When owners say their second-hand vehicles are ‘as good as new’, the reality is usually far from it.
But this classic motorcycle being sold at auction in November definitely lives up to the claim, with it still being packed inside its original delivery crate.
The Norton Commando is already a highly-collectible vintage motorbike, but this 1977 example will likely be in huge demand having never been unpacked in it 43-year history.
Time-capsule motorbike: This 1977 Norton Commando 850 Interstate has not been unpacked from its wooden shipping crate in its 43-year life, making it hugely desirable to vintage motorcycle collectors
The unique opportunity to buy the ‘time capsule’ Norton – which will remain in the manufacturer’s packing crate for the sale – will be offered at the H&H Classics auction at the National Motorcycle Museum, directly opposite the NEC near Solihull in the West Midlands, on 14 November.
The bike is estimated to sell for £20,000 to £30,000 and remained in a shipping state since it was made, with the front wheel removed and the exhaust silencer also packed separately into the wooden box.
The 1977 850 Interstate – notable for having an electric start as well as a kickstart – is one of the final examples of the original Norton Commando, which features an 828cc air-cooled parallel-twin engine, a four-speed gearbox and a top speed in excess of 115mph.
The contained motorbike even has its original storage packing, including the cardboard box that sits over the top of the crate
You might be wondering why a motorcycle built in Britain – with production of Norton motorcycles at the time taking place in Wolverhampton and Small Heath, Birmingham – is being sold in a shipping container.
That’s because it was sold to a customer in Belgium in 1977, with the dispatch documentation even included in the November sale.
The bike remained untouched and unpacked from the time it arrived with its first keeper to when they decided to part with it.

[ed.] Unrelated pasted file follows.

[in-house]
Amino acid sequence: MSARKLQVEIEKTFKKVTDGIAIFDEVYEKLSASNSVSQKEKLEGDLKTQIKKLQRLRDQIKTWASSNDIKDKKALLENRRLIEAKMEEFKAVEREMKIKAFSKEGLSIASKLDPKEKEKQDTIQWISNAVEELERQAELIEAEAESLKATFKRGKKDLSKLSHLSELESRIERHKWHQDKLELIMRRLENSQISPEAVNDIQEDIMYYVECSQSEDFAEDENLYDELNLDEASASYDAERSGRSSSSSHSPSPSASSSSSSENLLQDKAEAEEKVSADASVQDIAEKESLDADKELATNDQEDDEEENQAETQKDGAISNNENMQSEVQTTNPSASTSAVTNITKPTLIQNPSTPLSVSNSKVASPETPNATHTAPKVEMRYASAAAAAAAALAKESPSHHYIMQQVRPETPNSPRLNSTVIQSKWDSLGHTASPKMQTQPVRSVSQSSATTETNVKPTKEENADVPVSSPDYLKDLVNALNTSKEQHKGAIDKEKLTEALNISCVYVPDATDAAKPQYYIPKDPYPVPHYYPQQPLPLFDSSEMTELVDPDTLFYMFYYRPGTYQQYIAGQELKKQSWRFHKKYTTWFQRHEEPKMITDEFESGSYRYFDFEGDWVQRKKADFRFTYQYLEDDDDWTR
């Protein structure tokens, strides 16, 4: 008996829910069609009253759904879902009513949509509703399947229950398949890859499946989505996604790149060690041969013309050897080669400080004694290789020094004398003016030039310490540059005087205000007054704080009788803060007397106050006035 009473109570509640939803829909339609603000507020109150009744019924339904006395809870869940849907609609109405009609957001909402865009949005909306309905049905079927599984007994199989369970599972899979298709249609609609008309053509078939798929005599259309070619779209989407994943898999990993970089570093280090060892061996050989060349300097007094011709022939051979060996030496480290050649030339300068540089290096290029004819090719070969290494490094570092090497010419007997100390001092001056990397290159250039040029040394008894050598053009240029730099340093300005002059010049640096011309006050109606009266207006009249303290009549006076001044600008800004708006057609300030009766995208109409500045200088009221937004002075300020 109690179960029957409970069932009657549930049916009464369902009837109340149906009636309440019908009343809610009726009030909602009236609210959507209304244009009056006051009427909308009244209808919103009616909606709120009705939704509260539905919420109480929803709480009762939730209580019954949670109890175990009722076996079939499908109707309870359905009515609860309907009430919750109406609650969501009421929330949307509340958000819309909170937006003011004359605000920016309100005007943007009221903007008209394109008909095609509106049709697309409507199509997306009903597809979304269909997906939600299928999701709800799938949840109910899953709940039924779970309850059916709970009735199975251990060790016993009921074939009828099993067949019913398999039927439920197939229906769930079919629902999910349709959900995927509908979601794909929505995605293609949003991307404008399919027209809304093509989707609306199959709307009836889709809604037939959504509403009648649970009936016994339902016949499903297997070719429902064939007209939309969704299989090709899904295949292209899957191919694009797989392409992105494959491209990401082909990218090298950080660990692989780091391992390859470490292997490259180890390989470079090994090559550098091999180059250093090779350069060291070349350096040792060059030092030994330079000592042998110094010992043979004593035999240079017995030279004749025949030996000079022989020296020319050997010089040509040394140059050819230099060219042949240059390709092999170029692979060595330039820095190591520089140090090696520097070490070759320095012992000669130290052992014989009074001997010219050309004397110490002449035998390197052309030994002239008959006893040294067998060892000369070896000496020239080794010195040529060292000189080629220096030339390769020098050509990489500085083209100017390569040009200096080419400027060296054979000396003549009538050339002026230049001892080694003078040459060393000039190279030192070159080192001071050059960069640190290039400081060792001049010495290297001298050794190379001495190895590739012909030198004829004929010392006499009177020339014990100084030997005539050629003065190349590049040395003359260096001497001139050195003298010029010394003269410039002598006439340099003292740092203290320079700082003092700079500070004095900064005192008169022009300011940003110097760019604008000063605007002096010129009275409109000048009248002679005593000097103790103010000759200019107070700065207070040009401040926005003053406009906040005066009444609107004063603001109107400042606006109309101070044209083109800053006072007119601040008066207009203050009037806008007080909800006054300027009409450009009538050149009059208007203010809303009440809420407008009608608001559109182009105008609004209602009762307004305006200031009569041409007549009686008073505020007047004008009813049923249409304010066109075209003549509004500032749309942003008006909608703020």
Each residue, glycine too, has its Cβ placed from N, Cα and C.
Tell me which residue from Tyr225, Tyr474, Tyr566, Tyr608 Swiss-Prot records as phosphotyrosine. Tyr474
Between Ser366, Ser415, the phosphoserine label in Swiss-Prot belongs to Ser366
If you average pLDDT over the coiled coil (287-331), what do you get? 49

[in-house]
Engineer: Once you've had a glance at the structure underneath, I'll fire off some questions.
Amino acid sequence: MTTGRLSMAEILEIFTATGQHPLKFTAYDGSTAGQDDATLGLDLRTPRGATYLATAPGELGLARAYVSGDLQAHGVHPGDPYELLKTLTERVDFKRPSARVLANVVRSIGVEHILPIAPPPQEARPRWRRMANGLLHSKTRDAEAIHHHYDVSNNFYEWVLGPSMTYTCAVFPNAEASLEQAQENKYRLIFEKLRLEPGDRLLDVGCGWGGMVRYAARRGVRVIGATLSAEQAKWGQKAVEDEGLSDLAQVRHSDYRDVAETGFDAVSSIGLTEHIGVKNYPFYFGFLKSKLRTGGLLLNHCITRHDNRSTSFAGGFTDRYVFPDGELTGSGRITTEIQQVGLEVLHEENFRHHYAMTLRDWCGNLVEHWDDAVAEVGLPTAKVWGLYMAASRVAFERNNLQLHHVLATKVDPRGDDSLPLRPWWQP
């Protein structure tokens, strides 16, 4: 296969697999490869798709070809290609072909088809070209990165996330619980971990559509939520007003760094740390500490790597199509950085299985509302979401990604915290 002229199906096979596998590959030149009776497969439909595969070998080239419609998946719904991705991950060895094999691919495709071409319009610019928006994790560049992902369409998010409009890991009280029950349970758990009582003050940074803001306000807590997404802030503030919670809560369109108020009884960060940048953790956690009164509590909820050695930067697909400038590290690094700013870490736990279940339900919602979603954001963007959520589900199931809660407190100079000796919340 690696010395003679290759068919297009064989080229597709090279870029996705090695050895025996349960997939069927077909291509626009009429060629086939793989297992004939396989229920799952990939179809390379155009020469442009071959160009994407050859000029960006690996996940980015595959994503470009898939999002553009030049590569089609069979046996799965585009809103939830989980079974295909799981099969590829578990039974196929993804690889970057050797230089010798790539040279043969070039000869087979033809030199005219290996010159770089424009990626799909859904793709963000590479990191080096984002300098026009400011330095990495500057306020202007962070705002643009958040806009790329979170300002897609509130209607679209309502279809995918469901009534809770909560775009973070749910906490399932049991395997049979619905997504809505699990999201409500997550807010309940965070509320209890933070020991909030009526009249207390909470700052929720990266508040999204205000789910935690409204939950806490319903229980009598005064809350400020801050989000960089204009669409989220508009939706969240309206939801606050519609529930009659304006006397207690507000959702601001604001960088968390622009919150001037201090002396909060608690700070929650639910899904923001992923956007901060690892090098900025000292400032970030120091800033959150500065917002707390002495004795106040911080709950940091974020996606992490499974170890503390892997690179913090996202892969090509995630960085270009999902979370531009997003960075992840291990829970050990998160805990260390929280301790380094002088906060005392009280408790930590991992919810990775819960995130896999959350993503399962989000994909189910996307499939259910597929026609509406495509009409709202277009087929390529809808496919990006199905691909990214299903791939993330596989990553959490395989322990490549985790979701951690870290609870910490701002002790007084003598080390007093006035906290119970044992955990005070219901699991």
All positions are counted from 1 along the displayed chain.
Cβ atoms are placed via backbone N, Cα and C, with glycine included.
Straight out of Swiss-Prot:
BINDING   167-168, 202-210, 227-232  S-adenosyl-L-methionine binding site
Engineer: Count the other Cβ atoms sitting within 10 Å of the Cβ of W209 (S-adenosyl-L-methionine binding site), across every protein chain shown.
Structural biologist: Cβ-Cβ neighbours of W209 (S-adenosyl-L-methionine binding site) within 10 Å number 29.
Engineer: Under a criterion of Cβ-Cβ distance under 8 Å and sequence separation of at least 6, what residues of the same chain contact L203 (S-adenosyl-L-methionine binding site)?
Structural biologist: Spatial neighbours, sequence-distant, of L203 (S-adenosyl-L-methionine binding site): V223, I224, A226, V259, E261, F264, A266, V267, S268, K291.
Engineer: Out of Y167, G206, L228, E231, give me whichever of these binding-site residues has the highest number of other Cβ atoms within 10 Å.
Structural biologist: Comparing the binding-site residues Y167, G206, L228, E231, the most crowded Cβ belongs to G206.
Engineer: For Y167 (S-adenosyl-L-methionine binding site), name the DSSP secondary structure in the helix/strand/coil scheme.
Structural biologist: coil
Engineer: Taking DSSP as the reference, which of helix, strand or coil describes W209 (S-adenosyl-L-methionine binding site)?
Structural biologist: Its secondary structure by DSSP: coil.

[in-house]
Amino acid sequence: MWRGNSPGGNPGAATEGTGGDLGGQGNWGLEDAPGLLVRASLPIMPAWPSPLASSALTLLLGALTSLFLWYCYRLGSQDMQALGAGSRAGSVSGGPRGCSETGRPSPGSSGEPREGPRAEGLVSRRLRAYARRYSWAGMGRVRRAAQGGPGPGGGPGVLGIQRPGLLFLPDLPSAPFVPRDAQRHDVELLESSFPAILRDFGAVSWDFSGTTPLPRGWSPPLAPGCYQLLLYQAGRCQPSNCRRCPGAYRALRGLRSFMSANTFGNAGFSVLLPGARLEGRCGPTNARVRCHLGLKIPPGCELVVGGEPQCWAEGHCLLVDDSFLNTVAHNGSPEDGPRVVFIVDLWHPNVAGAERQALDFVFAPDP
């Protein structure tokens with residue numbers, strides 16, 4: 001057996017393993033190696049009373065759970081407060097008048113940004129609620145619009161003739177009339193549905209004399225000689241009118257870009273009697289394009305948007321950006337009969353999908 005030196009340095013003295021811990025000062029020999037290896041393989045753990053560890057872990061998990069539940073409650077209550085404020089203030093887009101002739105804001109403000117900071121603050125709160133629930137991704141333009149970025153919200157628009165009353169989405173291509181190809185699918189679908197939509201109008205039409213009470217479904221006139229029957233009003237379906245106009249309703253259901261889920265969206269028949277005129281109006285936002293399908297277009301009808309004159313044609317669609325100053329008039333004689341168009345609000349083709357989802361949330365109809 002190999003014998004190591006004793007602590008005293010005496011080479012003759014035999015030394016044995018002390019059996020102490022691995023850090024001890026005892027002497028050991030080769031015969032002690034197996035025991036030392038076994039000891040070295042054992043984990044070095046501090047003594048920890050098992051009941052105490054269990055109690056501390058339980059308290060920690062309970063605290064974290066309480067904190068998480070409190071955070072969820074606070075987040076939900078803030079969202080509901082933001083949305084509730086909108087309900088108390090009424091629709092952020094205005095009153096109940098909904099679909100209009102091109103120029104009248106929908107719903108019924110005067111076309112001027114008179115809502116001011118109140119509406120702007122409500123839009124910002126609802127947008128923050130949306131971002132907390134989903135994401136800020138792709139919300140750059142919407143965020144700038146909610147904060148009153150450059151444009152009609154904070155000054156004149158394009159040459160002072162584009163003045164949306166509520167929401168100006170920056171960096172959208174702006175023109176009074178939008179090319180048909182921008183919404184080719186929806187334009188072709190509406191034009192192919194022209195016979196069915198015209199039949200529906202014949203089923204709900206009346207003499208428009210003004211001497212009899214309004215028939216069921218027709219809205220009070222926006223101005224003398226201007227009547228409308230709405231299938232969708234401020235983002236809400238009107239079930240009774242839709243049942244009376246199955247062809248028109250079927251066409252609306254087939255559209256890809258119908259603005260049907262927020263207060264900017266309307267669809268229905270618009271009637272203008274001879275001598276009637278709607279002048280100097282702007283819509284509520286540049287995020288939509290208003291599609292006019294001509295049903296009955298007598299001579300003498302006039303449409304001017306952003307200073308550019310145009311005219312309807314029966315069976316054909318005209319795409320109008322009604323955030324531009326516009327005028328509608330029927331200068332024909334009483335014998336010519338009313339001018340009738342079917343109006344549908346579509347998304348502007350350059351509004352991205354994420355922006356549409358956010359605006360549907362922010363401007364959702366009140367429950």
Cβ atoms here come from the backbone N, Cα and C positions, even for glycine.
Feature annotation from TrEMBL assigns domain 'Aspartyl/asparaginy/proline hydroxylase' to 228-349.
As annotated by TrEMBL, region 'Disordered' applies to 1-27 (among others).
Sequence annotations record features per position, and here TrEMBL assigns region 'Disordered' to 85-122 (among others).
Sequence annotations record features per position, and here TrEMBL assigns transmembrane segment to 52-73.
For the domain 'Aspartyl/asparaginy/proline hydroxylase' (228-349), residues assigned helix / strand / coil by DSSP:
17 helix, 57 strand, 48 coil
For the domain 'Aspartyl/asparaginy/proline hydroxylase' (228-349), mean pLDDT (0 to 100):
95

It was subsequently sold and transported to a buyer in Holland who shipped it to Spain before it was recently purchased by the vendor and returned to the country where it was made.
This is how the Norton Commando 850 Interstate would look if it was unpacked and assembled
Left: The 828cc parallel-twin engine has not been turned over. Right: The front wheel is detached from the forks for easy storage in the wooden unit
That means it has had three owners in four different countries in its 43-year history.
However, not one of these collectors removed it from its crate, let alone rode it.
‘They were simply happy to admire the bike and imagine its potential’, according to the selling auction house.
Mark Bryan, head of motorcycles at H&H Classics, said: ‘Every now and again one of these remarkable things appear in the collecting world.
‘This particular instance is quite amazing. How on earth has everybody over 43 years managed to restrain themselves and not un-crate this bike?’
Records show that the Norton was originally shipped to the first keeper in Belgium on 18 October 1977
The motorcycle has been consigned by Kevin Maddocks, who has been a long-time Norton fan and collector.
‘Imagine how excited I was when I recently heard of a 1977 Norton Commando 850 Interstate that was still in its original packing case – 43 years old and still ‘brand new’. I just had to buy it and I tracked down the owner in Spain,’ he explained,
‘The Spanish collector, who owned 98 bikes, had bought it 10 years earlier at an auction in Belgium, after the owner of a Belgian motorbike shop passed away.
‘Apparently he had kept it in his store room, in its original packing case, for about 35 years and for some strange reason refused to sell it to anyone!’
The bike’s auction sale includes three sets of keys, manufacturer’s advice sheets for the dealer, owners manual, service book, plus even a small spray can of Norton chain lube – possibly the last in existence
The Commando was produced by Norton Motorcycle from 1967 until 1977 and has become a very collectible two-wheel machine in recent years. It was originally a 750 but the engine capacity was increased to 828cc in 1973
He added: ‘Since owning her I have never really touched her – she would look even better if I could give it a spring clean but to do it properly, I’d have to remove her from the packing case.
‘Everything is there; three sets of keys, manufacturer’s advice sheets for the dealer, owners manual, service book, plus even a small spray can of Norton chain lube!’
Mr Maddocks said his intention was to show the motorcycle at events across the country and display it in museums, but the impact of the Covid-19 pandemic has seen his circumstances change and he’s been resigned to selling the timewarp bike.
Compared to some of the ‘barn-find’ classic cars we’ve seen sell for staggering sums in recent years, this untouched collectible will be a worthy addition to an motorcycle collection.